Sid and the company gave me and another programmer six months. I wasn't even really a designer at this point, I just really wanted to make XCOM and we had the license to it. When I got the opportunity I still had this arrogance that it was gonna be great. I was using old Unreal Engine assets and so unqualified. Instead of focusing on the really hard stuff, like how to make it fun, I focused on an inventory system. By the end of the six months, you could walk these guys around, they had time units, they could shoot. 

There was a fully fleshed-out inventory system, for fuck knows what reason. It was absolutely terrible. It was just a classic case of overengineering. It looked cool, for what it was, but it was no fun at all. We showed it to the company and everybody was very nice about it. But I was relieved. I was like, "Obviously I've done a terrible job. I'm no good at this". And so I joined Sid on Civilization Revolution. But what had happened was that, [by getting] my shot at making that XCOM prototype so early, I did get the bug for design.


Civilization Revolution

Civilization Revolution

(Image credit: Firaxis)

Developer: Firaxis Games
Publisher: 2K Games
Format: Xbox 360, Nintendo DS, iOS, PS3, Windows Phone
Release: 2008

I was still stung that I'd done such a poor job on the XCOM prototype. It was embarrassing and humbling. But it was a real opportunity. I learned all the stuff that I didn't know, and wanted to do a better job of it. Then I went to work with Sid again on Civilization Revolution, but this time with very wide eyes. I watched and listened and talked to him all the time. Because I was like, 'How the fuck does he do it in a weekend? Why is he so good at doing this thing I couldn't do in six months?' Here's one of the best people to ever do it, and I had not been humble enough to take advantage of that before. I moved into this role where I worked very closely with Sid. He would design something, and I was the go-between for him and the engineering team. He would want things to work a certain way, and the engineers wouldn't understand why, because it would make programming the engine hard. I could mediate between the two and say, "Well, it's really important because of this gameplay reason".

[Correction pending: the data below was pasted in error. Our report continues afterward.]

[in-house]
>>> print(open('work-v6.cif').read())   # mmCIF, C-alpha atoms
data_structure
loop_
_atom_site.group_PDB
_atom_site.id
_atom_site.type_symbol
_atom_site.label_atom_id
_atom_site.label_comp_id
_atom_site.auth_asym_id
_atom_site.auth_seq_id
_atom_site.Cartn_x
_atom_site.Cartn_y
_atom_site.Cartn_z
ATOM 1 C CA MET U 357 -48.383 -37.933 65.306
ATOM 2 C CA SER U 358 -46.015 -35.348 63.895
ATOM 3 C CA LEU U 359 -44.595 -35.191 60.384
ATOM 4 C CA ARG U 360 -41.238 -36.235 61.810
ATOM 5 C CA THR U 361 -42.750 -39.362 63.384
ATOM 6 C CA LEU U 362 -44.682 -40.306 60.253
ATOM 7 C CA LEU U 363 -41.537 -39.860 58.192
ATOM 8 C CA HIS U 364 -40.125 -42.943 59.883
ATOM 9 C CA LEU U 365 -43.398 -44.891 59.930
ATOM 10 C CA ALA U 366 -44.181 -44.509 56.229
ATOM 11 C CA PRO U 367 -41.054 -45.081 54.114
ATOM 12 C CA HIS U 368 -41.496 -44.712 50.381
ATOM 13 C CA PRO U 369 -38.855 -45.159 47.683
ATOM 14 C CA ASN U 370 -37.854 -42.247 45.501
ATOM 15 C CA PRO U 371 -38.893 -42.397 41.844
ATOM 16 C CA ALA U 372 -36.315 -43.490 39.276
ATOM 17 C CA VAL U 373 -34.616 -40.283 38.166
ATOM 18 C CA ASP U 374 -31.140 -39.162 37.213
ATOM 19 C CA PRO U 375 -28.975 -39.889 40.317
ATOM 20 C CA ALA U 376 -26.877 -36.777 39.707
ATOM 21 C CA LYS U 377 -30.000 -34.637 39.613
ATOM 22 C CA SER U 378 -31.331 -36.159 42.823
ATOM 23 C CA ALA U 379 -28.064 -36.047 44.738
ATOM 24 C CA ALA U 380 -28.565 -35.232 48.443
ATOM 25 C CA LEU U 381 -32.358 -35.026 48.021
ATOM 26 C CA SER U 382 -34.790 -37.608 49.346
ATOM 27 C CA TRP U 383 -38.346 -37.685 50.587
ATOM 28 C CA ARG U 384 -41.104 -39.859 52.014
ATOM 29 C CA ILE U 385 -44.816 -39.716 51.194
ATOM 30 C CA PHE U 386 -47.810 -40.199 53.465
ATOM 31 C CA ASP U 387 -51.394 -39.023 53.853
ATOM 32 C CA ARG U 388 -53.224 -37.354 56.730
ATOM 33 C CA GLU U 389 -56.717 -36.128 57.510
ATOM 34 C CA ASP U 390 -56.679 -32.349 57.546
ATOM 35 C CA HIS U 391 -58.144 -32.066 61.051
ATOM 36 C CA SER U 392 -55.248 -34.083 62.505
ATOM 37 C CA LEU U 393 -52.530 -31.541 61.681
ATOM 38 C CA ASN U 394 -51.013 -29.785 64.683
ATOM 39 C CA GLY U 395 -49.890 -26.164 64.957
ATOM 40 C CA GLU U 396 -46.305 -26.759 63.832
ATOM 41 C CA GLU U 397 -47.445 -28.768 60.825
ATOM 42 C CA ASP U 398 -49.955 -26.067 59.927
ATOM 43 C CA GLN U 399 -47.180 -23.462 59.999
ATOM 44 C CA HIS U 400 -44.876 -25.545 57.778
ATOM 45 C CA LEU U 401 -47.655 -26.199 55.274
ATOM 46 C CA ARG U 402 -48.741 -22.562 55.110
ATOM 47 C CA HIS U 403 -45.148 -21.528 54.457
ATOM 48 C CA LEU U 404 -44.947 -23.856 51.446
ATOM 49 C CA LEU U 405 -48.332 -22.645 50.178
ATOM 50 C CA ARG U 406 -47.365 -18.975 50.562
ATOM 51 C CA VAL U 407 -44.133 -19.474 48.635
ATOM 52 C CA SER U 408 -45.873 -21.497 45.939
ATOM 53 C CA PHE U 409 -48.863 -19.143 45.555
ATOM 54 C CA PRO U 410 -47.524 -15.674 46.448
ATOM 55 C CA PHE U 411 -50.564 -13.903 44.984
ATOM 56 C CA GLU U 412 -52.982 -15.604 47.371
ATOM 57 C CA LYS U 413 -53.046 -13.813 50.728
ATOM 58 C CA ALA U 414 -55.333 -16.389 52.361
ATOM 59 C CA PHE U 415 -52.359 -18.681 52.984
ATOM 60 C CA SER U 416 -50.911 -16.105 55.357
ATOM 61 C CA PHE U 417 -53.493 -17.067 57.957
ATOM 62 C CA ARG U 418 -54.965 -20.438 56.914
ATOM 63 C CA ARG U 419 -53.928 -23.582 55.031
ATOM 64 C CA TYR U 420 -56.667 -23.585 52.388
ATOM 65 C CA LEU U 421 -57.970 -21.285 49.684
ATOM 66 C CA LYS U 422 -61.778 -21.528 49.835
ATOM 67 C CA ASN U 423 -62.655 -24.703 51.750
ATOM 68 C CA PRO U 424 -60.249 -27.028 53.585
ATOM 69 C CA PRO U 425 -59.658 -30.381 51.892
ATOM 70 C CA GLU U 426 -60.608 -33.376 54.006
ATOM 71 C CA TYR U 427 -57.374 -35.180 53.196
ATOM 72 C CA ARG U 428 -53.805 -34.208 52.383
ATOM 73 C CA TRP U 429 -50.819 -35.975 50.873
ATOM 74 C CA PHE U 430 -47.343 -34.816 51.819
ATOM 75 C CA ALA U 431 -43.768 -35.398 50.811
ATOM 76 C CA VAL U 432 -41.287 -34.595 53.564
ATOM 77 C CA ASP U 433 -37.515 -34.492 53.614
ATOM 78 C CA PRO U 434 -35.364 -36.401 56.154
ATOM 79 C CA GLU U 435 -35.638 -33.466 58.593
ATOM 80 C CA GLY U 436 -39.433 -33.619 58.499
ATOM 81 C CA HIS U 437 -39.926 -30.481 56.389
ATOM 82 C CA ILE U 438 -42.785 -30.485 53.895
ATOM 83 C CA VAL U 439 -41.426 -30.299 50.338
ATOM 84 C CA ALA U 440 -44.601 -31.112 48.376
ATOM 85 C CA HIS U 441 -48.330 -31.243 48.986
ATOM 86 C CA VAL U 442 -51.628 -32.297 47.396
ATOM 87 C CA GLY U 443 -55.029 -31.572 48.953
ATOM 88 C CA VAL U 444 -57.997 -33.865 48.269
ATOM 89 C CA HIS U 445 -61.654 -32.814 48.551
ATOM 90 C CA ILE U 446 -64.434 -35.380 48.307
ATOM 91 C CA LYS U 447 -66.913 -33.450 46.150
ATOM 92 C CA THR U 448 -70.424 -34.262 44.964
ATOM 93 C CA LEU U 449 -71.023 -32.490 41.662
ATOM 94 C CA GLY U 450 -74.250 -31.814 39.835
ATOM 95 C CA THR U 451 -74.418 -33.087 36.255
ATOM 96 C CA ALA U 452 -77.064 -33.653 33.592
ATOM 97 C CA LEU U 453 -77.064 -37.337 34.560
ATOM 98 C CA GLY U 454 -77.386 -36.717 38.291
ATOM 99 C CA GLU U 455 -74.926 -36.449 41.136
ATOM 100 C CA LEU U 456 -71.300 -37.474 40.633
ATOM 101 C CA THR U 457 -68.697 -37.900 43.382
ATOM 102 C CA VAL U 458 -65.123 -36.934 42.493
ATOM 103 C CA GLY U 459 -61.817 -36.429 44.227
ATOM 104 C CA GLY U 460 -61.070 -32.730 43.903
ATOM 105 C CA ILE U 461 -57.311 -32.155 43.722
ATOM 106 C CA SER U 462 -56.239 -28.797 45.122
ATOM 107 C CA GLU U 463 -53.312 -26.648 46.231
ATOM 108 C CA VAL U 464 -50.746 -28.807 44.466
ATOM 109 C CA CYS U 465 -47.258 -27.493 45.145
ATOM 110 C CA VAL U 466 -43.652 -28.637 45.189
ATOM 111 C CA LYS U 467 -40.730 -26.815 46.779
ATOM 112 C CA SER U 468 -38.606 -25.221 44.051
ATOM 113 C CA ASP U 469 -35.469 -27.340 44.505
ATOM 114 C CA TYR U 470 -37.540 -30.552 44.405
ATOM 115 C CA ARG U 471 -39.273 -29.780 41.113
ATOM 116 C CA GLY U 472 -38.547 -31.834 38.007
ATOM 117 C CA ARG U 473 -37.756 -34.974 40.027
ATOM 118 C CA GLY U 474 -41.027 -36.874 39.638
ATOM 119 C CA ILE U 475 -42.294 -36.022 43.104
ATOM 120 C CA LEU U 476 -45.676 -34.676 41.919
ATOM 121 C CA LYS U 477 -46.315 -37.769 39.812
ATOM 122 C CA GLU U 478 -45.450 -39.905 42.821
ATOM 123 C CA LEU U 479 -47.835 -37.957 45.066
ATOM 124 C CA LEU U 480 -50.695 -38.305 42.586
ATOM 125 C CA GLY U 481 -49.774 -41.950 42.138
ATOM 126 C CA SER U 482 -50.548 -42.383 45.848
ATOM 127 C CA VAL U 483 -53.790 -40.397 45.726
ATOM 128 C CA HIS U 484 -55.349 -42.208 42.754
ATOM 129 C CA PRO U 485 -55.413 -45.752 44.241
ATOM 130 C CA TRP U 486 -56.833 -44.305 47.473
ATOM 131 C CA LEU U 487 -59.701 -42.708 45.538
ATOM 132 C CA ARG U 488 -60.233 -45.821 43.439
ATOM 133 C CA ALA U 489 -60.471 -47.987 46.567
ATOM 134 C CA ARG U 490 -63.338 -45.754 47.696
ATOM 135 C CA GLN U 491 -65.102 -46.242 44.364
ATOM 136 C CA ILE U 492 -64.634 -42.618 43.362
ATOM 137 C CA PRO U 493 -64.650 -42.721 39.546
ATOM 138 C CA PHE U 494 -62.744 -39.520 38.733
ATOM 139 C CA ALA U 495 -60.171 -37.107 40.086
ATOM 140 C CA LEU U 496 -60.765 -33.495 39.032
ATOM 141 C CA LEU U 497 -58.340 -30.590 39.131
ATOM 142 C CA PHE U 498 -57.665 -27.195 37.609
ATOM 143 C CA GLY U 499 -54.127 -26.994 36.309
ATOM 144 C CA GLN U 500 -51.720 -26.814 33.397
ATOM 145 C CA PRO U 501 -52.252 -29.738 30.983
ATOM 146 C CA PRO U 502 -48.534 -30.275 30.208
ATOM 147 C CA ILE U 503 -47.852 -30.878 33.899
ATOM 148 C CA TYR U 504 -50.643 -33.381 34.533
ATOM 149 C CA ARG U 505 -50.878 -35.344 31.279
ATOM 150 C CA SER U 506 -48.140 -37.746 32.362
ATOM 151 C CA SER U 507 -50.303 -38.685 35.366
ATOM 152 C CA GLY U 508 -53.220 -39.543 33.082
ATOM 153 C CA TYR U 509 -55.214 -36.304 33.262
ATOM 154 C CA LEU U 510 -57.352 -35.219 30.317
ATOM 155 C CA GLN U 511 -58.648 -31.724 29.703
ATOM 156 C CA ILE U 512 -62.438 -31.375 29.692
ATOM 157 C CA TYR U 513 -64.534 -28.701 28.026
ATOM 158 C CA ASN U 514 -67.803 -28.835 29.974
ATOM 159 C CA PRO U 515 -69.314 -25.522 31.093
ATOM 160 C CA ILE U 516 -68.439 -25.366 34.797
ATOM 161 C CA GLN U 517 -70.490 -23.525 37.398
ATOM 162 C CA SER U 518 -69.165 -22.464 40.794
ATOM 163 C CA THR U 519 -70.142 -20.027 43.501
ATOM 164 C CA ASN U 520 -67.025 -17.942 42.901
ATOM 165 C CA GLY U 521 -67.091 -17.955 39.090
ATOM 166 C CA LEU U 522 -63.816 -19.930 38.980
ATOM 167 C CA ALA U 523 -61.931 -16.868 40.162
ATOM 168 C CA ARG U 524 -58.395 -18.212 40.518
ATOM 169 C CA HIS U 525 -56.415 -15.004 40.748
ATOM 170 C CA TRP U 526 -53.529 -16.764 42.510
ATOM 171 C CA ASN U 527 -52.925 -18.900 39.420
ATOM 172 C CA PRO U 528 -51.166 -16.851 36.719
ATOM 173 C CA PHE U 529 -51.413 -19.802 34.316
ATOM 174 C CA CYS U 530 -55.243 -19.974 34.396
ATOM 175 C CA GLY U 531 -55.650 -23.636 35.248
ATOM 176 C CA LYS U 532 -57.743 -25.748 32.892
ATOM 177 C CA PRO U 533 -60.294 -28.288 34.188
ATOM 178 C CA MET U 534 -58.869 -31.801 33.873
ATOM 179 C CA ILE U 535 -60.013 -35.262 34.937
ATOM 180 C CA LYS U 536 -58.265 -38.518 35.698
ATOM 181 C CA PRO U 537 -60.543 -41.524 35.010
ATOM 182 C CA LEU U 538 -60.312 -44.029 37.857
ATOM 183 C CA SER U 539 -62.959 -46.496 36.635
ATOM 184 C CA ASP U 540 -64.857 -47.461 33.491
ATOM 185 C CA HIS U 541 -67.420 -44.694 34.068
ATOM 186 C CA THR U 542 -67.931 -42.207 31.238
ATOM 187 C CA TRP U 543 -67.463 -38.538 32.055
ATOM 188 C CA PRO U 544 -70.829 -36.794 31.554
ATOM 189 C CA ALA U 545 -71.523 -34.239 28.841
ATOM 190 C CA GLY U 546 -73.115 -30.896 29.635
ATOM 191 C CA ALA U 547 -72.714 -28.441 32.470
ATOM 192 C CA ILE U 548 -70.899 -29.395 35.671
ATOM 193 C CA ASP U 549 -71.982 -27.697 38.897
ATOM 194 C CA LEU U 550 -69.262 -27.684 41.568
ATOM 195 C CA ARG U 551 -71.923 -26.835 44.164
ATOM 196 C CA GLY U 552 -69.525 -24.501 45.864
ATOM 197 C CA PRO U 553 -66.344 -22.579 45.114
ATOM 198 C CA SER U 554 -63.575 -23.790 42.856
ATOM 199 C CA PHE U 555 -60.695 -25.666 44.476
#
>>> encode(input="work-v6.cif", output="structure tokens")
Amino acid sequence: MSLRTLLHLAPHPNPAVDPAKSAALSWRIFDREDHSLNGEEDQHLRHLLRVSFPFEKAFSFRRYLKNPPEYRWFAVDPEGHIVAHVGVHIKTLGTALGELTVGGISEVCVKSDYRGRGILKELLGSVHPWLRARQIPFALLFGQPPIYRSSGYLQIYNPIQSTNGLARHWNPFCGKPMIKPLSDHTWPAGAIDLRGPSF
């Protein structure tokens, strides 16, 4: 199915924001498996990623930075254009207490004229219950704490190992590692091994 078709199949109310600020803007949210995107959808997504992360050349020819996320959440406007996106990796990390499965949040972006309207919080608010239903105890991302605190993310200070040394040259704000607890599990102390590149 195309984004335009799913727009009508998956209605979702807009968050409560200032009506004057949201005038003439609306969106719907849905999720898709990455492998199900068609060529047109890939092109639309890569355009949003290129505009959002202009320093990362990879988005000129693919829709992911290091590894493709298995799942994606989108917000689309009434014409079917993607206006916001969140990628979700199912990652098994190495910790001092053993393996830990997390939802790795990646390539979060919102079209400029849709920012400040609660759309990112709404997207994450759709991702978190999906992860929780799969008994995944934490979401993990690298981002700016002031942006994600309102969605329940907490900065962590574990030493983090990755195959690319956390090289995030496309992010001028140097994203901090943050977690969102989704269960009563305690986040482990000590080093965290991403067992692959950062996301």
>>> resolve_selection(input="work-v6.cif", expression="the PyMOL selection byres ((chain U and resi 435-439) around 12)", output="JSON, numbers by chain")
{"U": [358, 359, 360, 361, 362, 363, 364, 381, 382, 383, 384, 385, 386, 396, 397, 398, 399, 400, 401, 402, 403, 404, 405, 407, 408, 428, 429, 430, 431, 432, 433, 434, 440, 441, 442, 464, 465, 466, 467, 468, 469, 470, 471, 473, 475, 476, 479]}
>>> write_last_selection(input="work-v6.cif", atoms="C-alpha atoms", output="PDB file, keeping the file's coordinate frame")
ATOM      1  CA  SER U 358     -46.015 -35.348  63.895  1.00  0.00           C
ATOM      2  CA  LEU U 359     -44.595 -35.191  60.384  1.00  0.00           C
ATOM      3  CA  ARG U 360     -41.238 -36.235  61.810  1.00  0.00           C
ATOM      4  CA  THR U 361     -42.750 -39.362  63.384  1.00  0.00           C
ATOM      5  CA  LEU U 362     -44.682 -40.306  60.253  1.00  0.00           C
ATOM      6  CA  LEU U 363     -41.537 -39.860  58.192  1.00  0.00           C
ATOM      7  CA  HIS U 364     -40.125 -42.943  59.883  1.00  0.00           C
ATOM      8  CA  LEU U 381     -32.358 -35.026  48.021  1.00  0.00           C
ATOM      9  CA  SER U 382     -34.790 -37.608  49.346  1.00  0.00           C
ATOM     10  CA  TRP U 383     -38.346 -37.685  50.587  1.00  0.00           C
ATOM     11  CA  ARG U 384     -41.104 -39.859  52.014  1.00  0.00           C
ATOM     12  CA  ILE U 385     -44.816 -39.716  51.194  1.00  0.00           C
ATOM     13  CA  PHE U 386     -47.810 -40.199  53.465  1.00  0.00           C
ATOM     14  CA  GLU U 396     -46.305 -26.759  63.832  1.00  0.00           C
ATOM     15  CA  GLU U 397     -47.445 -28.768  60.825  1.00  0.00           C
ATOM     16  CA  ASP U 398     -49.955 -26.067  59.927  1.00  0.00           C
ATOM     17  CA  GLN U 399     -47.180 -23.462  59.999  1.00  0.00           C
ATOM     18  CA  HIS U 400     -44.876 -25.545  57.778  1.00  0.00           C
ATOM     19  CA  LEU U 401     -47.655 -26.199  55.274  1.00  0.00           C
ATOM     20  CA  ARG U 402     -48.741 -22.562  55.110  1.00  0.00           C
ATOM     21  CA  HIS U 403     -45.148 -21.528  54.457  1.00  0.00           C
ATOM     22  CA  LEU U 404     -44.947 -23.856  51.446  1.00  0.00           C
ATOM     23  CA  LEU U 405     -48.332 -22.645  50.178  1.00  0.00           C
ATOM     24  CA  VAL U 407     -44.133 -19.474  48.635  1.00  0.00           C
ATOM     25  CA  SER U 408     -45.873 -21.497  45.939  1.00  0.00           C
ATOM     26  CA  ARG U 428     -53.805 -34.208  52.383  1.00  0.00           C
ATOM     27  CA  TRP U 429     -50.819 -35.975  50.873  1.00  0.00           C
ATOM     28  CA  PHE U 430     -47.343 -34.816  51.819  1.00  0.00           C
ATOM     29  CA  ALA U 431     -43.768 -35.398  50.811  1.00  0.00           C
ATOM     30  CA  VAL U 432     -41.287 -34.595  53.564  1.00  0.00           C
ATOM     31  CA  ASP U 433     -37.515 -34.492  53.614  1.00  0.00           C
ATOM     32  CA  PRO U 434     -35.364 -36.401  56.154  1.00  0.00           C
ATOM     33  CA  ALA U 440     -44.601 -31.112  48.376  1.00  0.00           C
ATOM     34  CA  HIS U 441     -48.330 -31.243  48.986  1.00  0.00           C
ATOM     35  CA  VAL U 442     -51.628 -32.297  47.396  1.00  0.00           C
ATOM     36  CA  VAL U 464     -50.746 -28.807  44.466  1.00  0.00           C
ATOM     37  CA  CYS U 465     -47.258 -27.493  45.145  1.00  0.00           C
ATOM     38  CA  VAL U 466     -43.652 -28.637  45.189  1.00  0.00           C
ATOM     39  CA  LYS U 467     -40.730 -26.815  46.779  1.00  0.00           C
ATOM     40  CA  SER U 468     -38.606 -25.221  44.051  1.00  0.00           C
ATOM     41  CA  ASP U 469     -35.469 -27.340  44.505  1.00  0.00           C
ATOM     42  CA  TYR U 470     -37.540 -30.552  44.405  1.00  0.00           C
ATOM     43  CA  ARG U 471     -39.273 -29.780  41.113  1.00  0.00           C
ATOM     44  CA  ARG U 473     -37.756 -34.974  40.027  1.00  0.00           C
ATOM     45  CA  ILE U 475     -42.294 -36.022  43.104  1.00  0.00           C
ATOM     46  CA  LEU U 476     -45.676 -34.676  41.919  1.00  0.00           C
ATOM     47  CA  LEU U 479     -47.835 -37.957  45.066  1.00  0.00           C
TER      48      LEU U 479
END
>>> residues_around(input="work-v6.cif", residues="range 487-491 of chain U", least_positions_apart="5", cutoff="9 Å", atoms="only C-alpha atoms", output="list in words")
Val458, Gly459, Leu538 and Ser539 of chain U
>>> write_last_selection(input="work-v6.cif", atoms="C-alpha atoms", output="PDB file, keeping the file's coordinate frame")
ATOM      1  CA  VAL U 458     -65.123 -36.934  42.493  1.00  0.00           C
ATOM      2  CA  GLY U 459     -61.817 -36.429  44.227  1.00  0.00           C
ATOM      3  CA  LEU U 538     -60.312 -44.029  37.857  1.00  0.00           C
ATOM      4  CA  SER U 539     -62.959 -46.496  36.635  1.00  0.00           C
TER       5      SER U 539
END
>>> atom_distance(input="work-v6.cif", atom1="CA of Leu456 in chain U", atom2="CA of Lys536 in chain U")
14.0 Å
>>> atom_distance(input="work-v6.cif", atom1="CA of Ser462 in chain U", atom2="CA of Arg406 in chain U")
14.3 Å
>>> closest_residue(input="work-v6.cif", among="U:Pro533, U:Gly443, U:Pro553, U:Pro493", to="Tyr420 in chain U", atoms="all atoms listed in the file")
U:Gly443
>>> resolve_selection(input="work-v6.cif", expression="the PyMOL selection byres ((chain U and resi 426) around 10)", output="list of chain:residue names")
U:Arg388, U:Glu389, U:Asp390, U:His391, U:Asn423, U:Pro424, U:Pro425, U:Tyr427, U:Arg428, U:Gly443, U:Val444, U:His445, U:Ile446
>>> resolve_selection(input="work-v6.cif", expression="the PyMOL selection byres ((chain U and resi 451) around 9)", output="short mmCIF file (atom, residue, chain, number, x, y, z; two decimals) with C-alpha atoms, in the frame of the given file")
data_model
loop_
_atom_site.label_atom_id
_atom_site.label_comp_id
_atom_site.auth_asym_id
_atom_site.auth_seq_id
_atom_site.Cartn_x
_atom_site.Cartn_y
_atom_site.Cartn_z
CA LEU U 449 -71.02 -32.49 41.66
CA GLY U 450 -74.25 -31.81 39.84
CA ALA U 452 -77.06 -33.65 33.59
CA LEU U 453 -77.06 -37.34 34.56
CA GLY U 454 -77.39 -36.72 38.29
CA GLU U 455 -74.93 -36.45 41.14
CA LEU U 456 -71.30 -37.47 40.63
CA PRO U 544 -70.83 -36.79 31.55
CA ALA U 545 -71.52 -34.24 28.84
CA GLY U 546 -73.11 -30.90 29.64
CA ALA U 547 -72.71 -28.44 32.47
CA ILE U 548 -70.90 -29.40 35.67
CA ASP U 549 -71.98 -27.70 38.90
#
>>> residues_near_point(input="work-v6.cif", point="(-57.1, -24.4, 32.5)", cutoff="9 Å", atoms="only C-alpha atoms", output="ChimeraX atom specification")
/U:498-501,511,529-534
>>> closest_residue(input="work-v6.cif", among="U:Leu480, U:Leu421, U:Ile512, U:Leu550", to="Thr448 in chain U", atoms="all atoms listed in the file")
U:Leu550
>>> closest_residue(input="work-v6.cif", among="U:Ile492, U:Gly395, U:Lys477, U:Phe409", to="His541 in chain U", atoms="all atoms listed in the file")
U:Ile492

I was so interested now in how Sid worked, I was his advocate to the team. I was playing the game constantly, just like Sid was. And really, that's the most important thing. You've gotta eat your own cooking. You've got to play it, no matter what state it's in, then think about what's bad about it, and try to make it better the next day. What was it like to streamline Civilization for consoles? I was never a huge Civ guy, and I think that helped me. There were a lot of designers who contributed to what it is today, from Brian Reynolds to Soren Johnson, but Sid made it, and Sid was then able to distill it. For me, that was definitely my favorite Civ I had played at that point, because it was so distilled, and it was really neat to see him do that. I'm 100 per cent a designer [today] because I worked with Sid on Civilization Revolution and watched how he worked. Sid deserves to have an ego, but he doesn't. He just wants to make the game better. He'll listen to feedback and accept it as fact. That has always steered me right.


XCOM: Enemy Unknown

XCOM

(Image credit: 2K)

Developer: Firaxis Games
Publisher: 2K Games
Format: Xbox 360, Android, iOS, PC, PS3, PS Vita
Release: 2012